Check fraud encompasses all fraudulent schemes involving checks, such as, forgery, theft, counterfeiting, alteration, and more. Checks are susceptible to fraud because of the ease of physical access and alteration. Increasing check fraud is motivating corporate treasurers to transition away from checks and switch to the use of electronic payments. According to a recent article in The Wall Street Journal, potential losses from attempted check fraud rose to $15.1 billion in 2018-an increase of approximately 78% from the $8.5 billion reported in 2016, while successful check fraud resulted in losses of $1.3 billion in 2018, up approximately 65% from $789 million in 2016. The article reveals that even though business-to-business payments via check decreased in 2019 to 42% from 81% in 2004, checks are still documented as the most popular payment method for U.S. businesses.
Check fraud is particularly common in smaller businesses, which are those with less than 100 employees. According to the Association of Certified Fraud Examiners (ACFE) Report to the Nations released in 2018, 22% of fraud cases reported by smaller organizations involved check tempering, compared to only 8% for larger organizations.
Moreover, The Wall Street Journal article reported that companies with less than $1 billion in annual revenue are more likely to continue using checks, rather than switching to electronic payments. The lack of financial resources available to invest in new information technology systems necessary to process electronic payments is noted as a large factor in remaining dependent on physical checks. Data reconciliation can be another administrative burden for some companies, as well as the integration of new payment tools. Banks, however, continue to introduce and improve such tools, some of which include artificial intelligence and robotics to reconcile payments.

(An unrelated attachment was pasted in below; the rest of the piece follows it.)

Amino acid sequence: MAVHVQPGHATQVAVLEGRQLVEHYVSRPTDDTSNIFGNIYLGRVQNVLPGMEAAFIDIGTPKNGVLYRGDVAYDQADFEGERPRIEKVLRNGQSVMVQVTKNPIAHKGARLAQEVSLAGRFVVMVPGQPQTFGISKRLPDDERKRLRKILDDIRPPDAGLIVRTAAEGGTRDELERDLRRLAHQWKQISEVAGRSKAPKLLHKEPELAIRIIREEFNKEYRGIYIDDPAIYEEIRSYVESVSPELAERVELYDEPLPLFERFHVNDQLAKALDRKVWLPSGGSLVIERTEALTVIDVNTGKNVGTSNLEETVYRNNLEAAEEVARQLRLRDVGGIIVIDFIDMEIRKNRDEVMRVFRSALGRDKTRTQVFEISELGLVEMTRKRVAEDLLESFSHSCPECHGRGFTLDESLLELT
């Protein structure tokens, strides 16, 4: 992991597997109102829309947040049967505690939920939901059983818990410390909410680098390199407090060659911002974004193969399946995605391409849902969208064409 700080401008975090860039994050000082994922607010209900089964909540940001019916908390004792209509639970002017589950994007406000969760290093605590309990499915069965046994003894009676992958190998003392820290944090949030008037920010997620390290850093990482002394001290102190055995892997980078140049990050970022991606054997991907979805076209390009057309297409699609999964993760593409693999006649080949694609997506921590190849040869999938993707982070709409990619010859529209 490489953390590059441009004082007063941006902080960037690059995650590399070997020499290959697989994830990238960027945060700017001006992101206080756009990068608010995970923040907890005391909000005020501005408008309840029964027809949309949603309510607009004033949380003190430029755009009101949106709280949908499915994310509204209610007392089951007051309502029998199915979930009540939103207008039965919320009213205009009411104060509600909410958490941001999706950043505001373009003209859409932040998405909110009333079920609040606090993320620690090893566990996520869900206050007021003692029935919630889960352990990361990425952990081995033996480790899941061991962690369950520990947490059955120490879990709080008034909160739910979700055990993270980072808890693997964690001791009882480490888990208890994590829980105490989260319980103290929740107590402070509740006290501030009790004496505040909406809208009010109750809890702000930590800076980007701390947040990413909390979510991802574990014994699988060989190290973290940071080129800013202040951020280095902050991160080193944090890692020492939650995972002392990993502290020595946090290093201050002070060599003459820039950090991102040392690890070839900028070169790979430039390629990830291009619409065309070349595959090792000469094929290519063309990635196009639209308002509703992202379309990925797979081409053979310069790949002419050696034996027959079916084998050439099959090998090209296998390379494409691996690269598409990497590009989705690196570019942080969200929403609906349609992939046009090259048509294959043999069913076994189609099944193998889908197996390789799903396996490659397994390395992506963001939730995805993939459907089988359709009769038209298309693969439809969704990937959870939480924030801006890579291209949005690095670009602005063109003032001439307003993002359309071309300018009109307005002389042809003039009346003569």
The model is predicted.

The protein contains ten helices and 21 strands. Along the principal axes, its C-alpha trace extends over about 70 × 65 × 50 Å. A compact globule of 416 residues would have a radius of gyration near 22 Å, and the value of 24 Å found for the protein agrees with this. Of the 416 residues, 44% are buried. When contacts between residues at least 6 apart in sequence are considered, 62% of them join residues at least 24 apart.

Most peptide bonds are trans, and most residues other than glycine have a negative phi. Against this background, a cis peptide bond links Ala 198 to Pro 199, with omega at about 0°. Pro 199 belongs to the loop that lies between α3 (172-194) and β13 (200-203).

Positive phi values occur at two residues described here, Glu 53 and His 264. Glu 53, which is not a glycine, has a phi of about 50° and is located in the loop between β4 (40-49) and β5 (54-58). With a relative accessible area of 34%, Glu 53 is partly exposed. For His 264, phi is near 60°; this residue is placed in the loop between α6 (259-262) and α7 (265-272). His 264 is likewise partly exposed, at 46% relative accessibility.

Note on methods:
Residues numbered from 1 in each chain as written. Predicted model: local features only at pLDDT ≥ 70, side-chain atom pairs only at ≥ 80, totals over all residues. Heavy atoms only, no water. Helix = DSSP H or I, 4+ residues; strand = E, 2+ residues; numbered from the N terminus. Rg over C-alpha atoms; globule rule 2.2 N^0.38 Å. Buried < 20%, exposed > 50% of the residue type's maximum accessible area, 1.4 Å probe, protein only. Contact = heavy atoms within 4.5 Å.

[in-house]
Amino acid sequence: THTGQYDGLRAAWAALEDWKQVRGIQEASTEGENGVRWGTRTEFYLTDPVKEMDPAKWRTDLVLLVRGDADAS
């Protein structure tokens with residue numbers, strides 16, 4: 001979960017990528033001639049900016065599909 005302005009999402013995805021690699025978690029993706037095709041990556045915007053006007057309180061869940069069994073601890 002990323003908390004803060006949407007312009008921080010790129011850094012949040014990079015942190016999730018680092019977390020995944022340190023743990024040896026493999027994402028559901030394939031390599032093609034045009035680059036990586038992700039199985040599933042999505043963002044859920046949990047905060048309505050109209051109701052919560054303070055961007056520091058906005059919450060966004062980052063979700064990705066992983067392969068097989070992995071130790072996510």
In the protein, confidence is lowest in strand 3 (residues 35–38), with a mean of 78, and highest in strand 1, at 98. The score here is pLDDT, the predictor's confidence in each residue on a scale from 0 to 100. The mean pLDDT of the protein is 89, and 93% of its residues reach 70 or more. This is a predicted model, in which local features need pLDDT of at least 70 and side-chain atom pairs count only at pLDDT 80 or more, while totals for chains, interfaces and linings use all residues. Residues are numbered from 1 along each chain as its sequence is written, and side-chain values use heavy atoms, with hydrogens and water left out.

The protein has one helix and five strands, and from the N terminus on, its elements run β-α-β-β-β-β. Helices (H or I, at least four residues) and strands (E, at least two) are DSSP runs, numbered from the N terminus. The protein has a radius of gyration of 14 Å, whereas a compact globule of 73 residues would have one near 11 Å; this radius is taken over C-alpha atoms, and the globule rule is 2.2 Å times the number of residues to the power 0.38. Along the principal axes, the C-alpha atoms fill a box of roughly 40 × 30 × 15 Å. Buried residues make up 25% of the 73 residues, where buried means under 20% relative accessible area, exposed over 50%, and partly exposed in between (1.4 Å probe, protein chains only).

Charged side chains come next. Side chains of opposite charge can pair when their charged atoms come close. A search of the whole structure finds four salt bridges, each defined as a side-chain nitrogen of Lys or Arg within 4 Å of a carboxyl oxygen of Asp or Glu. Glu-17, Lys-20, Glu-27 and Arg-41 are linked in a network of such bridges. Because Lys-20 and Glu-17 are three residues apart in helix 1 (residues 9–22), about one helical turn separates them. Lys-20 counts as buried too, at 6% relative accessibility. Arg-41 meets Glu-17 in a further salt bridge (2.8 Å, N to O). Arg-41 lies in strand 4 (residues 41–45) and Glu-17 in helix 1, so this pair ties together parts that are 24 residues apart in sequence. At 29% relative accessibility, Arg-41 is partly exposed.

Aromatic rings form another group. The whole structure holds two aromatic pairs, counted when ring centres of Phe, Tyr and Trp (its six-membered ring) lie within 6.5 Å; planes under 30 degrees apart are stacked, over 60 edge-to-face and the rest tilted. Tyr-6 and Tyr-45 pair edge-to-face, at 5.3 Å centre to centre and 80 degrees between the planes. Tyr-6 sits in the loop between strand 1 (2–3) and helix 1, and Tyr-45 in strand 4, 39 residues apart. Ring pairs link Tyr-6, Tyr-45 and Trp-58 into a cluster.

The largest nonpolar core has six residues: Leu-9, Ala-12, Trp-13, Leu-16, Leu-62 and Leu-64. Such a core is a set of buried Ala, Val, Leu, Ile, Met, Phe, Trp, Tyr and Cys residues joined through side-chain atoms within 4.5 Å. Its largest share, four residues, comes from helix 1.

The transition away from checks, like any other significant business process change, will take time, but it is anticipated that businesses will be trending away from checks and towards the use of electronic payment tools.
To learn more about Aronson’s fraud investigation capabilities, or if you feel that your organization may be the victim of a fraud, contact Brittany Garver at 240.364.2607 or Bill Foote at 301.231.6299.
 Trentmann, Nina. “Rise in Check Fraud Could Motivate Treasurers to Switch to Other Payment Tools”. The Wall Street Journal, 15 Jan. 2020.